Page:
Photo Of The Day

Photo: OSHA Words "BYE BYE" and drawings in oily residue on the tail of a United Airlines 747-400 prompted 13 flight attendants to refuse to fly from San Francisco to Hong Kong on July 14, 2014, until the plane was thoroughly searched for explosives. United fired the flight attendants and cancelled the flight. The Flight attendants are asking the Occupational Safety and Health Administration for reinstatement, back pay and other damages. [Via MerlinFTP Drop]

Photo: OSHA
Words “BYE BYE” and drawings in oily residue on the tail of a United Airlines 747-400 prompted 13 flight attendants to refuse to fly from San Francisco to Hong Kong on July 14, 2014, until the plane was thoroughly searched for explosives. United fired the flight attendants and cancelled the flight. The Flight attendants are asking the Occupational Safety and Health Administration for reinstatement, back pay and other damages. [Via MerlinFTP Drop]

‘Bye, Bye’

The Flight You Would Not Want To Be On

Thirteen flight attendants who were fired by United Airlines for refusing to fly from San Francisco to Hong Kong because of a security concern, have filed a federal complaint to get their jobs back.

Before United Flight 869 took off July 14, crew members noticed the words “BYE BYE” and two faces drawn in oily residue on the plane’s tail, according to the 26-page complaint filed Tuesday with the Labour Department. One face was smiling but the other was “devilish,” the complaint said.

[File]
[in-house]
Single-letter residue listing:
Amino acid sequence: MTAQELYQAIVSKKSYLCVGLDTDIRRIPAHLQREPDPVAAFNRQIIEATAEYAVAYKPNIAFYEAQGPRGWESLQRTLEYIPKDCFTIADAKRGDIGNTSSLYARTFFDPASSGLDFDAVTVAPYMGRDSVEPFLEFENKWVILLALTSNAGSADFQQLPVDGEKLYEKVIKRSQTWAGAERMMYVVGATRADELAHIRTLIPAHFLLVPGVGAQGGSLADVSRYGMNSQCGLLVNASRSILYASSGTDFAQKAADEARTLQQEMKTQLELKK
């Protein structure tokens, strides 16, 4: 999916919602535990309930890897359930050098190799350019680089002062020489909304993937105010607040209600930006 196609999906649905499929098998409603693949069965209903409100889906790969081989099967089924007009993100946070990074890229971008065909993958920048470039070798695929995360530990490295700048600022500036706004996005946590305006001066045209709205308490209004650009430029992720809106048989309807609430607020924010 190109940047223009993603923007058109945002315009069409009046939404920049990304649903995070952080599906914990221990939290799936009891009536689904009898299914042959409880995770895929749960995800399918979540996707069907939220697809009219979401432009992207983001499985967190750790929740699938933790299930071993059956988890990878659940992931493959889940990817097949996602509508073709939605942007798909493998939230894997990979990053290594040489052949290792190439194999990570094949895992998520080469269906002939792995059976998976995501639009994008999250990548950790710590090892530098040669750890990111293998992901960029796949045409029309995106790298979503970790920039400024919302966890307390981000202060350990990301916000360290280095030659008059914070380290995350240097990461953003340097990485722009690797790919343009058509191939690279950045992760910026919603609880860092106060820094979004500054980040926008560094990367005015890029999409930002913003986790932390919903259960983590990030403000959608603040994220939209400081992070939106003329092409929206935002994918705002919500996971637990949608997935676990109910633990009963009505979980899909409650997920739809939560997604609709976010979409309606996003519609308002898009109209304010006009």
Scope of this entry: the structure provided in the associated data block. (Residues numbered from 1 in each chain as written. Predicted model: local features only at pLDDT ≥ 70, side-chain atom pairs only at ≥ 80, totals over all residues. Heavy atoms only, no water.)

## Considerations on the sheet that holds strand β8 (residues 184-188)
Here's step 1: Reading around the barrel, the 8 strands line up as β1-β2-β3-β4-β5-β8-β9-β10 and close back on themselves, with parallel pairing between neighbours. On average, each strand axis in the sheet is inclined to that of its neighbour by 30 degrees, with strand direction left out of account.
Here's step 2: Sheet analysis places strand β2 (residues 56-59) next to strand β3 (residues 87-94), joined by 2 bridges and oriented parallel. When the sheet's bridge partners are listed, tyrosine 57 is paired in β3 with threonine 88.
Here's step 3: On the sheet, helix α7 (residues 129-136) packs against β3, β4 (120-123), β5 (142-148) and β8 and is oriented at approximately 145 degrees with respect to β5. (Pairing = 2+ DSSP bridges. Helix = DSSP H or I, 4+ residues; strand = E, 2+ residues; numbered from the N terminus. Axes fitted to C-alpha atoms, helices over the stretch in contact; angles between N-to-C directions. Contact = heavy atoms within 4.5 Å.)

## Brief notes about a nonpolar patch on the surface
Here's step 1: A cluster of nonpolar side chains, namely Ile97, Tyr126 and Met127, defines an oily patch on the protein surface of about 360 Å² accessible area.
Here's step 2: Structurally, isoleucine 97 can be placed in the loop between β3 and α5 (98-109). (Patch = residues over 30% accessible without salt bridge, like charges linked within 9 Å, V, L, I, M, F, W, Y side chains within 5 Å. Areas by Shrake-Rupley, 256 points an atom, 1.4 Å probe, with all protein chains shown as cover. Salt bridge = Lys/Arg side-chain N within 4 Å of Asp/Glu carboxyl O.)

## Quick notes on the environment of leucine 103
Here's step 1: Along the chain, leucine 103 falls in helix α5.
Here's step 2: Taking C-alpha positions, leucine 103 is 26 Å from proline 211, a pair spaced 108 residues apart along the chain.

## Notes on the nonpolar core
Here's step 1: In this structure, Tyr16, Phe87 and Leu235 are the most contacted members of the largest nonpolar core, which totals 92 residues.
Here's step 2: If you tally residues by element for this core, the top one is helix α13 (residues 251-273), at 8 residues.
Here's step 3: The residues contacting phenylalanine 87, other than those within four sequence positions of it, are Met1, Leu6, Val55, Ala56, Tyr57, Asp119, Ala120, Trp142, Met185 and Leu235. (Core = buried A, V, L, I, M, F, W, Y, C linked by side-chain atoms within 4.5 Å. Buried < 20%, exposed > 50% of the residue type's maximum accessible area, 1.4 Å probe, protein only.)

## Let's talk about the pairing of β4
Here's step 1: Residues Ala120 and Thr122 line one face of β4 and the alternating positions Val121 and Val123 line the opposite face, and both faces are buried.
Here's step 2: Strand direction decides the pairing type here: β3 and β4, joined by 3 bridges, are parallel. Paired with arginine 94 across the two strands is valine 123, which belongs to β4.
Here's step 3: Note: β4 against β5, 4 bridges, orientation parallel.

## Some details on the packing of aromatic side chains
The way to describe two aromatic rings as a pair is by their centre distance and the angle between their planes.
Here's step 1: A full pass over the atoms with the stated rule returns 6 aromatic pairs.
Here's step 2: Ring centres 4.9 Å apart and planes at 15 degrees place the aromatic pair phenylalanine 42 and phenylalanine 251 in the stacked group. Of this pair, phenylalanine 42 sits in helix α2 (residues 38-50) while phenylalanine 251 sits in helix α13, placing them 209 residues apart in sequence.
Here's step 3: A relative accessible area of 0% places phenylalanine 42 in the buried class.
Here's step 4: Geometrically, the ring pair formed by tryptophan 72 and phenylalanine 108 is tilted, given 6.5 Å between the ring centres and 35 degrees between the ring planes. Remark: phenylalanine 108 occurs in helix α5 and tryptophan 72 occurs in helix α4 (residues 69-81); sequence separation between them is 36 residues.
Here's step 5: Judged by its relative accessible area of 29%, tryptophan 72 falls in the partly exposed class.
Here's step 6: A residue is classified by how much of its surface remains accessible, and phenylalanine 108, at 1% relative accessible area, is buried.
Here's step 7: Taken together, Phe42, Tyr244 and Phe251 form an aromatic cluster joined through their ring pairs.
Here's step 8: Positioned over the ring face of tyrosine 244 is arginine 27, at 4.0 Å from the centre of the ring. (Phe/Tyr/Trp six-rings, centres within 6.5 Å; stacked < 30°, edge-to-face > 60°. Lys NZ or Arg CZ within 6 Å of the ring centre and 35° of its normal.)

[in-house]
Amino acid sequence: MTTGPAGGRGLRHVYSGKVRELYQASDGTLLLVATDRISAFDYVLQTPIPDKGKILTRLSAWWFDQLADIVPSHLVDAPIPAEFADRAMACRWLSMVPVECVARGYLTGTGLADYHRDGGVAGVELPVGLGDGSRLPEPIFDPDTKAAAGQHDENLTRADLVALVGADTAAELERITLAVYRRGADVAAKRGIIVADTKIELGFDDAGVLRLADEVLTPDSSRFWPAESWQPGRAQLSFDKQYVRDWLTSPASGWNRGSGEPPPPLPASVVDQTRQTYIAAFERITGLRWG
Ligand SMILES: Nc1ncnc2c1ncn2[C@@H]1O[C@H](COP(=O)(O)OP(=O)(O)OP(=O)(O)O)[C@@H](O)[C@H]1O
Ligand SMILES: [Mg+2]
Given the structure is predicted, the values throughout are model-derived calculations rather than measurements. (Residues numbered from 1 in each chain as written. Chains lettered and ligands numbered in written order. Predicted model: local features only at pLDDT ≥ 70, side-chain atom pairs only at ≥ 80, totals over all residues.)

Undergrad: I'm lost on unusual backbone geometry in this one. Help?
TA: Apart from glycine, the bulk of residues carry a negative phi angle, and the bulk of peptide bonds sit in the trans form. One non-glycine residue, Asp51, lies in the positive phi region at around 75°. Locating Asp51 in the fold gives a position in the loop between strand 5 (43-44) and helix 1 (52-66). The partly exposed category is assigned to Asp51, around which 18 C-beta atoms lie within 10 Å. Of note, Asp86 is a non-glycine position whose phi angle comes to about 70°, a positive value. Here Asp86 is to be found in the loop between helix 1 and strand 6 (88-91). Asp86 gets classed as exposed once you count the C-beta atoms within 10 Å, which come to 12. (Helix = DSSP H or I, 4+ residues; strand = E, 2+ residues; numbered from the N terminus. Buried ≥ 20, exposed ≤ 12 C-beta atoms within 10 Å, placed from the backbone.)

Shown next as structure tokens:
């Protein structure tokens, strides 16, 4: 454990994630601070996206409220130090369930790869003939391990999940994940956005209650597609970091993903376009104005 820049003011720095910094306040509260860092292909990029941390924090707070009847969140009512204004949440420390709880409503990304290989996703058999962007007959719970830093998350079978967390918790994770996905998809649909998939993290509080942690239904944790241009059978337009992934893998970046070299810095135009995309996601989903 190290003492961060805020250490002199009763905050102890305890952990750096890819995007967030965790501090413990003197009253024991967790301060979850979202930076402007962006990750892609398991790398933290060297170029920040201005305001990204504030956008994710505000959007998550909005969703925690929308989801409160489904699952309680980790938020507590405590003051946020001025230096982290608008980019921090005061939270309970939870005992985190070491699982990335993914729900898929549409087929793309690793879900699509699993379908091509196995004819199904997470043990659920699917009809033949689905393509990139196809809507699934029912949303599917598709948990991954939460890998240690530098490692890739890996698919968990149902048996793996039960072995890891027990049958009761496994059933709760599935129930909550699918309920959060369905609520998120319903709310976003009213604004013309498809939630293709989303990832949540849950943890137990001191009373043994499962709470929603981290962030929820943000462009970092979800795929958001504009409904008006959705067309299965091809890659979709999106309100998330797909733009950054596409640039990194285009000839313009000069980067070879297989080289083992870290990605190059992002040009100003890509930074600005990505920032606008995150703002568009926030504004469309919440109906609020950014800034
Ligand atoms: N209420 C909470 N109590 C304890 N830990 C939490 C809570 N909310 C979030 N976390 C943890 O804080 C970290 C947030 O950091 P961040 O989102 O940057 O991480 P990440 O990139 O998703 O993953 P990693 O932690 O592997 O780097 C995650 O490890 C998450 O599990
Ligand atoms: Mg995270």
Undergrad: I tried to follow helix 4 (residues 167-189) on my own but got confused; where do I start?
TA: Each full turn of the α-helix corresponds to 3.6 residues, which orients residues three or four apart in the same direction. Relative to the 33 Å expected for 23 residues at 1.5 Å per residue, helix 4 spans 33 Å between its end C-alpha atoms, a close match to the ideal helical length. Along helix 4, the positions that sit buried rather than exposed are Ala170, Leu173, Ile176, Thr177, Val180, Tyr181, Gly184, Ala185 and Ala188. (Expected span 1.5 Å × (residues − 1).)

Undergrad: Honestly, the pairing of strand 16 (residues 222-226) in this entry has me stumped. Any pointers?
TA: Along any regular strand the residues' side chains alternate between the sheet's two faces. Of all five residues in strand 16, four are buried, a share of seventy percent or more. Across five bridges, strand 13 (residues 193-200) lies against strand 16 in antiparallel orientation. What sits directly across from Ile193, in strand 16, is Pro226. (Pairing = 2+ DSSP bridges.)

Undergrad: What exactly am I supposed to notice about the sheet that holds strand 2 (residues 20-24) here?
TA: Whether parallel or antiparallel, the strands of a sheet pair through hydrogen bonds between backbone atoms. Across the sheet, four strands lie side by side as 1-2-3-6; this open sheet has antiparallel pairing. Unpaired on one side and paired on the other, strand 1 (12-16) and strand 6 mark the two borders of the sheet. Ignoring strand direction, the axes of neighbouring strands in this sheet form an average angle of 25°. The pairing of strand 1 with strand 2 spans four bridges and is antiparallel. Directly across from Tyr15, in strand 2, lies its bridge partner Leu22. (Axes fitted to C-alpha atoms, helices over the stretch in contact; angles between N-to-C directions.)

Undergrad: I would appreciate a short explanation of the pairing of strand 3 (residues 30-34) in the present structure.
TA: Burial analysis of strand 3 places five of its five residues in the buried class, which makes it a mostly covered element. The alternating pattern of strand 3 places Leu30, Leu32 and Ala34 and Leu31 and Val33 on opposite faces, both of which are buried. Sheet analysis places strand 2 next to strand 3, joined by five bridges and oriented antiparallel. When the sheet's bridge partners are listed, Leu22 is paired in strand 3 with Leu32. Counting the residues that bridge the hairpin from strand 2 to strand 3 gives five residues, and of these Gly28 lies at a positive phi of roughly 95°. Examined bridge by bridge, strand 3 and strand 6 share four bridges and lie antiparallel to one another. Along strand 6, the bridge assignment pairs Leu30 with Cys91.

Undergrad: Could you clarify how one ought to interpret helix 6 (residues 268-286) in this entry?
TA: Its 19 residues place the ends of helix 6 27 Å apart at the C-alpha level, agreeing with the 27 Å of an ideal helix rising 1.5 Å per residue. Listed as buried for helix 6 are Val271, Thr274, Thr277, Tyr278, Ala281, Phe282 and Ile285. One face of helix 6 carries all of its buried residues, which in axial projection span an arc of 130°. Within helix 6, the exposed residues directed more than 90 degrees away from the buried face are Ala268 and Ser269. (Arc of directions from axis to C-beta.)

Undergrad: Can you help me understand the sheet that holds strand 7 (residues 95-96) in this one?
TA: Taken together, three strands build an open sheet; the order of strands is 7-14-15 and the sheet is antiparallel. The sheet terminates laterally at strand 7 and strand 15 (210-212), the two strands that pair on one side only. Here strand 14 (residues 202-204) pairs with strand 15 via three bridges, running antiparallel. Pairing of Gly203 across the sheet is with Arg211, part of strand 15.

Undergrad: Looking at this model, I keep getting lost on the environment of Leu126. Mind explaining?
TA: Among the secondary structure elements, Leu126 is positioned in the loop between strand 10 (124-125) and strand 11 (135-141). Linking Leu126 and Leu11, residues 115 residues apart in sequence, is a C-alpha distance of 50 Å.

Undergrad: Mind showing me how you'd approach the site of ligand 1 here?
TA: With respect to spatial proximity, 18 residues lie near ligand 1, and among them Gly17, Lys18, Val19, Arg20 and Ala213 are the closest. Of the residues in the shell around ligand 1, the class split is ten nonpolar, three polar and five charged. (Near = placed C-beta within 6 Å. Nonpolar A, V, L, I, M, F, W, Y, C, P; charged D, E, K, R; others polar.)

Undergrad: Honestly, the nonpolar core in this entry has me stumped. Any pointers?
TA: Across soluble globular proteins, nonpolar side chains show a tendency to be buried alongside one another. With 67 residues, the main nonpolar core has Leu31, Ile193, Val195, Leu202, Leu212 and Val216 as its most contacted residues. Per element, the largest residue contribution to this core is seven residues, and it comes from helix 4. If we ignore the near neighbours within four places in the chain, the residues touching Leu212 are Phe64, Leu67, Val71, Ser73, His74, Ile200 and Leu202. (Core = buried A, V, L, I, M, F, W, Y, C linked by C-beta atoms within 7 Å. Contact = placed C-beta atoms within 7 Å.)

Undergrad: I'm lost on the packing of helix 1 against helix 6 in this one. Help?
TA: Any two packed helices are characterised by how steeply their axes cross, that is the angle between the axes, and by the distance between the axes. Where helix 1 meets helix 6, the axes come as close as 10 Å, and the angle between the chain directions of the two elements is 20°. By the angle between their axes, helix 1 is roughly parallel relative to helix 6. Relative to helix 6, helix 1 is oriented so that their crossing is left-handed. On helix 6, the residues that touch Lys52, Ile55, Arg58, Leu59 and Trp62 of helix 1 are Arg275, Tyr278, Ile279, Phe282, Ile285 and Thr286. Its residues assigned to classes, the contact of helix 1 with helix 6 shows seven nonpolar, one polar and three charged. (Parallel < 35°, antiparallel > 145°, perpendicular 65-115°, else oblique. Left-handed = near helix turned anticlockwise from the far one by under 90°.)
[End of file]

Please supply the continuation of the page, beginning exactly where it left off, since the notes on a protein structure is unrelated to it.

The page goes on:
The graffiti was written on part of the plane 30 feet above ground, which would have required equipment to reach, and airline officials were uncertain whether it was written in San Francisco or its previous location at Incheon Airport in Seoul, South Korea, according to the complaint.

The flight attendants refused to fly unless the more than 300 passengers were taken off the Boeing 747-400 and the plane was searched thoroughly for explosives, according to the complaint. The flight was cancelled or lack of crew. United fired the flight attendants for insubordination after supervisors ordered them to fly. Christen David, a United spokeswoman, said all of the airline’s and FAA’s safety procedures were followed in the incident and that the plane was deemed “entirely safe to fly.”

“Our flight operations, safety and maintenance teams appropriately investigated and determined there was no credible security threat,” David said. “We cannot comment further on the details of this pending litigation, but we intend to defend against it vigorously.”

The complaint filed with the Occupational Safety and Health Administration contends that the workers are protected as whistle-blowers from retaliation for reporting air safety and security threats. The flight attendants are seeking reinstatement, back pay and compensatory damages.

One of the flight attendants said the fired workers “were not willing to bow to United’s pressure to ignore an unresolved security threat even though the company made clear that we risked losing our jobs.”

David Marshall, who filed the complaint as a partner at Katz, Marshall & Banks, said the flight attendants with a combined 299 years of experience were worried about security threats after the disappearance of Malaysia Airlines Flight 370 in March and a Transportation Security Administration warning about consumer electronics the week before the flight.

“Our clients are entitled to legal protection for doing what was right,” Marshall said.

http://www.usatoday.com/story/news/nation/2015/01/07/united-flight-attendants-security-san-francisco-hong-kong/21380813/

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